An attorney named Harvey Gunsel, from Aurora, was one of the receivers and sometimes would act as a motorman. There was a boy named Harvey Welsh who got off the car at Cortland. One day when we all said, “Goodnight Harvey” (to the boy), Gunsel, the motorman, thought we were speaking to him and replied, “Goodnight, boys.”
I rode the streetcar to and from DeKalb to go to St. Mary’s Sisters’ School and then Dekalb Township High School. Beginning in 1916 and the years following until it ceased to operate, the car stopped right in front of the store. We left at 7:30 AM every morning, arriving in DeKalb about 8 AM. Later, I took the Northwestern Railway to and from DeKalb, going to high school and what was then the Normal School.
I rode the streetcar to and from DeKalb (to Grade School, High School and Normal School) from 1916 through 1922. I took the steam train to school in DeKalb when the Aurora and Dekalb Interurban line went out of business. After that, I rode the Chicago Northwestern train to and from DeKalb and Maple Park until the summer of 1923. That fall, I went to the University of Illinois at Champaign.
At present (1978) there are very few, if any, passenger trains operating west of Geneva, Illinois, and I believe there is no longer any station at all in Maple Park. The hard roads and the automobile ran railroads out of business.
It used to be exciting to see the fast passenger trains fly through Maple Park, and see the people sitting on the observation platform at the end of the train, waving as they went by. The Portland Rose was one of the fine trains in those days going to the West Coast. Of course, it wasn’t air-conditioned, and some of the fumes and debris from the steam locomotive would find its way into the passenger car. Nevertheless, it was a luxury for those days.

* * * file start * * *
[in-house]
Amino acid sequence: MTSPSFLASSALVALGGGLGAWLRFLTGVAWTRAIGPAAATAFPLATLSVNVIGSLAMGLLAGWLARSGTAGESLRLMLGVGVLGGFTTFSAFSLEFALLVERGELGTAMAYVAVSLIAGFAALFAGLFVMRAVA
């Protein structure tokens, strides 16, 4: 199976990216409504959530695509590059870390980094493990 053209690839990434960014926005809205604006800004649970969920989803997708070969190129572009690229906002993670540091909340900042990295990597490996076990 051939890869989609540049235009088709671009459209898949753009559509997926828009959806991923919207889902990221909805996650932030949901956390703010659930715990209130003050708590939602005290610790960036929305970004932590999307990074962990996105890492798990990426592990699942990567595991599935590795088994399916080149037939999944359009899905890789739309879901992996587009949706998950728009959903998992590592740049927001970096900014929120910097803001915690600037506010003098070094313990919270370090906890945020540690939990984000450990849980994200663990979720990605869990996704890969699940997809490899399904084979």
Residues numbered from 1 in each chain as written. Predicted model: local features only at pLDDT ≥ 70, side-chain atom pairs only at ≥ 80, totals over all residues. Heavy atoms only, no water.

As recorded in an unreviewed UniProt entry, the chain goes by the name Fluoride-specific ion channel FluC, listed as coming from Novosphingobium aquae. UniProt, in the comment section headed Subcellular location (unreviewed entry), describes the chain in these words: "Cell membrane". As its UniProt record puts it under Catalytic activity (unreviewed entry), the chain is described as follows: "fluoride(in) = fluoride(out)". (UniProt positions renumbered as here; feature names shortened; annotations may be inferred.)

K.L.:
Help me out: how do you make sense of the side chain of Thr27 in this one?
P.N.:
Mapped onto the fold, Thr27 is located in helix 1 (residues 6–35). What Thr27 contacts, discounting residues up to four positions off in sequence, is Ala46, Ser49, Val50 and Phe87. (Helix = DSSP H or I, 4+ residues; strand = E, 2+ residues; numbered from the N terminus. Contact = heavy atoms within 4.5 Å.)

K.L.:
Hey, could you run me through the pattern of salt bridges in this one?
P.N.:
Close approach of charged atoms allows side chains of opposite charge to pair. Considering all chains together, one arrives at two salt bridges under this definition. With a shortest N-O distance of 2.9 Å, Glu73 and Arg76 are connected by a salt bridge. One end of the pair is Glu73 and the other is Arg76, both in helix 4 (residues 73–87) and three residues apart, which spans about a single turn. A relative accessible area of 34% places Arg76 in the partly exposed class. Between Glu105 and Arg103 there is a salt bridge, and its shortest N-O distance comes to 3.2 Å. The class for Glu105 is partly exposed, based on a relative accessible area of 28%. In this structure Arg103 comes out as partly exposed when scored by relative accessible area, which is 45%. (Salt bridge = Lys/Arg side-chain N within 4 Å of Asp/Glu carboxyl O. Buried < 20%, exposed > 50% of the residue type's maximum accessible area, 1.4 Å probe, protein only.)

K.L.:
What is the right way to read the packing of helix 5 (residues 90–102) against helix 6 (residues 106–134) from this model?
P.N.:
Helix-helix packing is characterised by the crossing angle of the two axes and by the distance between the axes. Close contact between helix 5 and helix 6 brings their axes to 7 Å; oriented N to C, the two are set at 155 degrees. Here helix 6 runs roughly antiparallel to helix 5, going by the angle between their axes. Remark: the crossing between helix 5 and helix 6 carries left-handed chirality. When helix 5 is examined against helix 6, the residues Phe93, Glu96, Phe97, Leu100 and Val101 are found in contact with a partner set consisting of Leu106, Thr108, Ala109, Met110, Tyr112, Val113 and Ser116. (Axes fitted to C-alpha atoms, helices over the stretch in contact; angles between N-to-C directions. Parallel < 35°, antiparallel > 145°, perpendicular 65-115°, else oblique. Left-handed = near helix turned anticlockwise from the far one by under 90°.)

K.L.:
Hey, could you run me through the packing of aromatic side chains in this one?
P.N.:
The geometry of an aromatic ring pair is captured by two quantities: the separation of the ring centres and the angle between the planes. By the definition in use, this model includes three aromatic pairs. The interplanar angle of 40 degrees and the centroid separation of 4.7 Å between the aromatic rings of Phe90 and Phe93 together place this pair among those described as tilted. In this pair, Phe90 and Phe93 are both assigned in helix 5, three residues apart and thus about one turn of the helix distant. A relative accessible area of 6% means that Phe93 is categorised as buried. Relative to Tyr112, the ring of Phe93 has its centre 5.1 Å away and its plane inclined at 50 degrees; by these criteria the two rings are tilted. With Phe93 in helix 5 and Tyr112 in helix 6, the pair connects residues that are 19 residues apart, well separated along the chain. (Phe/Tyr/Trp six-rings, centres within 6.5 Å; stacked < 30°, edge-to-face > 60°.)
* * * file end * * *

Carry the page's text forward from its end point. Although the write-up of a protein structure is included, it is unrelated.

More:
In the summertime, the Aurora streetcars going to the park were open—no sides—with long benches running from side to side. The running boards were on each side. You got a nice, breezy ride in those days. Nothing can compare with it today.
Yes, those were the not-so-good old days of dirt roads; back-houses; kitchen and living room; wood- and coal-burning stoves; pumps; kerosene lamps; blacksmith shops; livery stables; harness shops; medicine shows; tent shows; high-button shoes and button hooks; ice boxes; armbands; steam locomotive trains; streetcars; boned corsets, etc.
In those “good old days” we had no income tax, no sales tax, no welfare payments and no installment loans. We had the poor house, the County Farm, instead.
Many of our farmers came from the “old country”—Germany, Ireland and Sweden.
There were old Civil War veterans living in the town who told tall tales about the battle of Lookout Mountain and other battles. On Decoration Day, the school kids visited the cemeteries and left flowers on the graves of those who’d fought in the Civil War. Several days before Decoration Day, the kids went around collecting flowers growing the gardens. We had no florist to go to.
When I was in grade school at Maple Park (probably about the fifth grade), I recited Lincoln’s Gettysburg address in the Town Paul on Decoration Day. We really remembered the Civil War.